Guide

GREEN CARD – SEVEN THINGS YOU NEED TO KNOW

Guide overview
Anyone travelling abroad by car must comply with the insurance regulations in the country in question. That’s what the Green Card is for. We have summarised everything you need to bear in mind in this guide.

The Green Card is an international insurance document. It proves that your third-party liability insurance for your car provides sufficient coverage in the respective countries. The Green Card is mainly used in the event of a claim abroad and saves you a lot of trouble if the worst comes to the worst.

Incidentally, you should always have the original with you – a digital copy or a photo of the Green Card is not sufficient as proof.

The Green Card contains the most important information about your car and your car insurance: the vehicle’s registration number and brand and the contact details of your insurance company. It also indicates the period of validity and the responsible information centre.

In addition, the countries in which your insurance is valid are shown at the top of the Green Card. If the abbreviation for a country is not listed or is crossed out, your insurance does not apply in that country. This means that you must take out what is known as frontier insurance before entering the country in question.

Many countries in Europe have signed the Multilateral Guarantee Agreement, including all of Switzerland’s neighbours. Under this agreement, your registration number alone serves as proof that you are adequately insured in these countries. However, some European states have not signed the Multilateral Guarantee Agreement – and that is where you need the Green Card.

You can find everything you need to know about the Green Card and an overview of the countries in which it is compulsory on the website of the National Guarantee Fund.

Depending on the country you are travelling to, the Green Card may be compulsory. You will often be asked to show it on entry into the country or in the event of an accident. It also makes claims processing considerably easier in many countries.

We therefore recommend that you take your Green Card with you on all car journeys abroad – even if the country in question has signed the Multilateral Guarantee Agreement.

In principle, the Green Card is issued to your vehicle and not to you personally. However, different rules apply depending on the country: for example, you may not be allowed to enter the country in question with a foreign car. Find out in advance about the applicable regulations.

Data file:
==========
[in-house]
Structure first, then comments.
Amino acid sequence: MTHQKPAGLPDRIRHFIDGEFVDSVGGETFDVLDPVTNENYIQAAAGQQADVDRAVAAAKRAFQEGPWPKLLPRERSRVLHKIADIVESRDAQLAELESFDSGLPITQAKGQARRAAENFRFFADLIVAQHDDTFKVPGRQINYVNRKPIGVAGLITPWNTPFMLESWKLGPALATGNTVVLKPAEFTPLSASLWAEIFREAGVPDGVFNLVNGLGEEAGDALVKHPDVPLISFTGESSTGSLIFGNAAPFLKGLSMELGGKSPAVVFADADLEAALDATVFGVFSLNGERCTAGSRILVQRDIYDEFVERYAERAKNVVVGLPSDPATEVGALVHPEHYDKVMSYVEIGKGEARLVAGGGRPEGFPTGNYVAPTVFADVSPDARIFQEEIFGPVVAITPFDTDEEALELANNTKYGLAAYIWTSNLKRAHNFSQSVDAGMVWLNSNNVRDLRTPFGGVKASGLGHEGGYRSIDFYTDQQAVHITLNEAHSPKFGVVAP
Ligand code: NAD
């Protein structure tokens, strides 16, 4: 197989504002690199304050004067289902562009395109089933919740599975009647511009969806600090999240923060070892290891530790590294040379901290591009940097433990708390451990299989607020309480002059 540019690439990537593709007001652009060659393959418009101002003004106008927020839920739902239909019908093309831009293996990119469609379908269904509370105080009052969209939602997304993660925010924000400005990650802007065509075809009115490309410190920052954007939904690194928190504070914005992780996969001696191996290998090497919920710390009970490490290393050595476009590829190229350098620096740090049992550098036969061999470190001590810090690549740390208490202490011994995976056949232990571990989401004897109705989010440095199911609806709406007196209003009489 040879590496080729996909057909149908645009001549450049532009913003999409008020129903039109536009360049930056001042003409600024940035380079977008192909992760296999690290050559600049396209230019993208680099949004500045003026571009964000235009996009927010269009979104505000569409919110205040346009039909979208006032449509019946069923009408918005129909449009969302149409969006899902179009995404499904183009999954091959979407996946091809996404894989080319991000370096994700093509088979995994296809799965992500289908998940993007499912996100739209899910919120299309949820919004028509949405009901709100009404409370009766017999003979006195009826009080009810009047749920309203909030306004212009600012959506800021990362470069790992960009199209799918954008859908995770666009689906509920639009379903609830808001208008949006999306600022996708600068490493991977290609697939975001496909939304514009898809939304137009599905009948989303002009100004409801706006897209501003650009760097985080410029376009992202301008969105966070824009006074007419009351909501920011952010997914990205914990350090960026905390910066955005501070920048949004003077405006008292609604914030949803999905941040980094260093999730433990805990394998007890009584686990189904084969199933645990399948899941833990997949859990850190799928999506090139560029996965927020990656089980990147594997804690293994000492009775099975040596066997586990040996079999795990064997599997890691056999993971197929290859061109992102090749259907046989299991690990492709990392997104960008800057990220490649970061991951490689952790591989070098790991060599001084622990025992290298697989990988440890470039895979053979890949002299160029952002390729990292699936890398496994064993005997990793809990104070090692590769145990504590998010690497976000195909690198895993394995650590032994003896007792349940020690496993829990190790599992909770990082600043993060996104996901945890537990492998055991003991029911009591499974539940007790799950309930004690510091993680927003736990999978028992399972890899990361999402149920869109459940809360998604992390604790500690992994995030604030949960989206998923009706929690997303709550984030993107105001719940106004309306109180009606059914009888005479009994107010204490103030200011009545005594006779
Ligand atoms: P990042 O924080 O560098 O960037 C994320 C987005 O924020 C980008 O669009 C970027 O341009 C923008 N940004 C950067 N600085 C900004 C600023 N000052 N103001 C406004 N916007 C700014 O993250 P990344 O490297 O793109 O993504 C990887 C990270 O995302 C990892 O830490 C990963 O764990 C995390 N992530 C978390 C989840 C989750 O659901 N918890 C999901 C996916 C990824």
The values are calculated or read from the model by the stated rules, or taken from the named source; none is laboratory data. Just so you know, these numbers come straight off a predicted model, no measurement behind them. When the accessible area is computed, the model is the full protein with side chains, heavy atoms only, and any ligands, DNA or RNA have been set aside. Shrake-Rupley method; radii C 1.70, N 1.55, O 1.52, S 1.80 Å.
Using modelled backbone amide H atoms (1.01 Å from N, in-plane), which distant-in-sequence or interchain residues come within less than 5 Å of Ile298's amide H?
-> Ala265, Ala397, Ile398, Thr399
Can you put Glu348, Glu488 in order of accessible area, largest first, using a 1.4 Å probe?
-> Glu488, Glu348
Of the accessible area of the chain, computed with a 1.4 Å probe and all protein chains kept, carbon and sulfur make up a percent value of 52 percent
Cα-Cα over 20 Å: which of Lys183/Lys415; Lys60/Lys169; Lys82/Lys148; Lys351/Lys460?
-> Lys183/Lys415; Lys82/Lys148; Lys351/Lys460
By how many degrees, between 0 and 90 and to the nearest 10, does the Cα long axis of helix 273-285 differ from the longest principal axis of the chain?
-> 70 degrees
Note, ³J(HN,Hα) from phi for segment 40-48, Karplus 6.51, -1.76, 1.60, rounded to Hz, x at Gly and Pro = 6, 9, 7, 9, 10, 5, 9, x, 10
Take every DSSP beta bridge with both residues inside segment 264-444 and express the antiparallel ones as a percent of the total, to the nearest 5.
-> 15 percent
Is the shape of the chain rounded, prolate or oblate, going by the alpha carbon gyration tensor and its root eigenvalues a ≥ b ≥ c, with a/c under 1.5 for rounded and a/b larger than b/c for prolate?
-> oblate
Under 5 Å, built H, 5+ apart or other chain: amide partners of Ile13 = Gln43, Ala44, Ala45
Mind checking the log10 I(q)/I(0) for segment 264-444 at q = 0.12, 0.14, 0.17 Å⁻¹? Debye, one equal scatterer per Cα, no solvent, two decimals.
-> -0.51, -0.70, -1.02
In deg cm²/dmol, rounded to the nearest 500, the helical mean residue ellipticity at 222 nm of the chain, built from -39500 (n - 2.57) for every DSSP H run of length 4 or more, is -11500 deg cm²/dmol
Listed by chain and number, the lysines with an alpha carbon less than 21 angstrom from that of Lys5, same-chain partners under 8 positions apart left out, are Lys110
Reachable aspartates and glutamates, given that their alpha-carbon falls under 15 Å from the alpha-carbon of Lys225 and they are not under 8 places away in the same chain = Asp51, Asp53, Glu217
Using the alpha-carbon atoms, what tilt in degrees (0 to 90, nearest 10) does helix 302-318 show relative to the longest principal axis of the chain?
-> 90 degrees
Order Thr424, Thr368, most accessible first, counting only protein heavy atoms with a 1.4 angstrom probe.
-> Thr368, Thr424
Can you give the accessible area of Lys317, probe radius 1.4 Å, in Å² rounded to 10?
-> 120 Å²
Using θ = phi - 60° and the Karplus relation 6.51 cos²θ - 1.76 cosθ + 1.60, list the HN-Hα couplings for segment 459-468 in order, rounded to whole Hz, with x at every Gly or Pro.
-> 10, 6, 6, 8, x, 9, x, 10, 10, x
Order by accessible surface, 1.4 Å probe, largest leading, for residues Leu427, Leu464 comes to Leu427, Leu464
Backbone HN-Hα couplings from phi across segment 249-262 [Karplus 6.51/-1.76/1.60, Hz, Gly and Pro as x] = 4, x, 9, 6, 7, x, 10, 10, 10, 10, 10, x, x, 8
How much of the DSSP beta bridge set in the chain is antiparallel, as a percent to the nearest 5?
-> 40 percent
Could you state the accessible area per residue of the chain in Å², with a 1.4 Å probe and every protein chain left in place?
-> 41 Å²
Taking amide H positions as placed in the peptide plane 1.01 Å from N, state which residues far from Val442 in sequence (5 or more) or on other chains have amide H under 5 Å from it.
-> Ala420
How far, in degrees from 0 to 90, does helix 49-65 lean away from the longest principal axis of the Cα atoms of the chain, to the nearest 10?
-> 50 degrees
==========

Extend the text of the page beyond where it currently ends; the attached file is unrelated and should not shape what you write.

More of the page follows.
It is also advisable to have a written authorisation from the owner with you when you travel abroad in another person’s car. That way, you can prove that the car is not stolen if you get checked or have an accident abroad.

Incidentally, the Green Card must always be present in a rental car.

To obtain a Green Card, simply request one from your car insurer. With us, you can do this by e-mail or telephone. The Green Card’s period of validity is always shown on the top left of the card. In general, it is the same as the term of your policy. Before travelling abroad, however, be sure to check that your Green Card will be valid for the entire period of your trip.
If you lose your Green Card, simply order your proof of insurance again from your insurance company. Are you abroad and have forgotten your Green Card? If you have an accident, simply contact our 24-hour emergency call centre on +41 43 311 99 90 – we will help you quickly and with a minimum of fuss.
  • The Green Card is an international proof of insurance.
  • On it, you can see how long and in which countries your car’s third-party liability insurance is valid.
  • The Green Card is not mandatory in some countries, but it saves you a lot of effort and trouble in the event of a claim with your car abroad.
  • You can order the Green Card quickly and easily from your car insurer.
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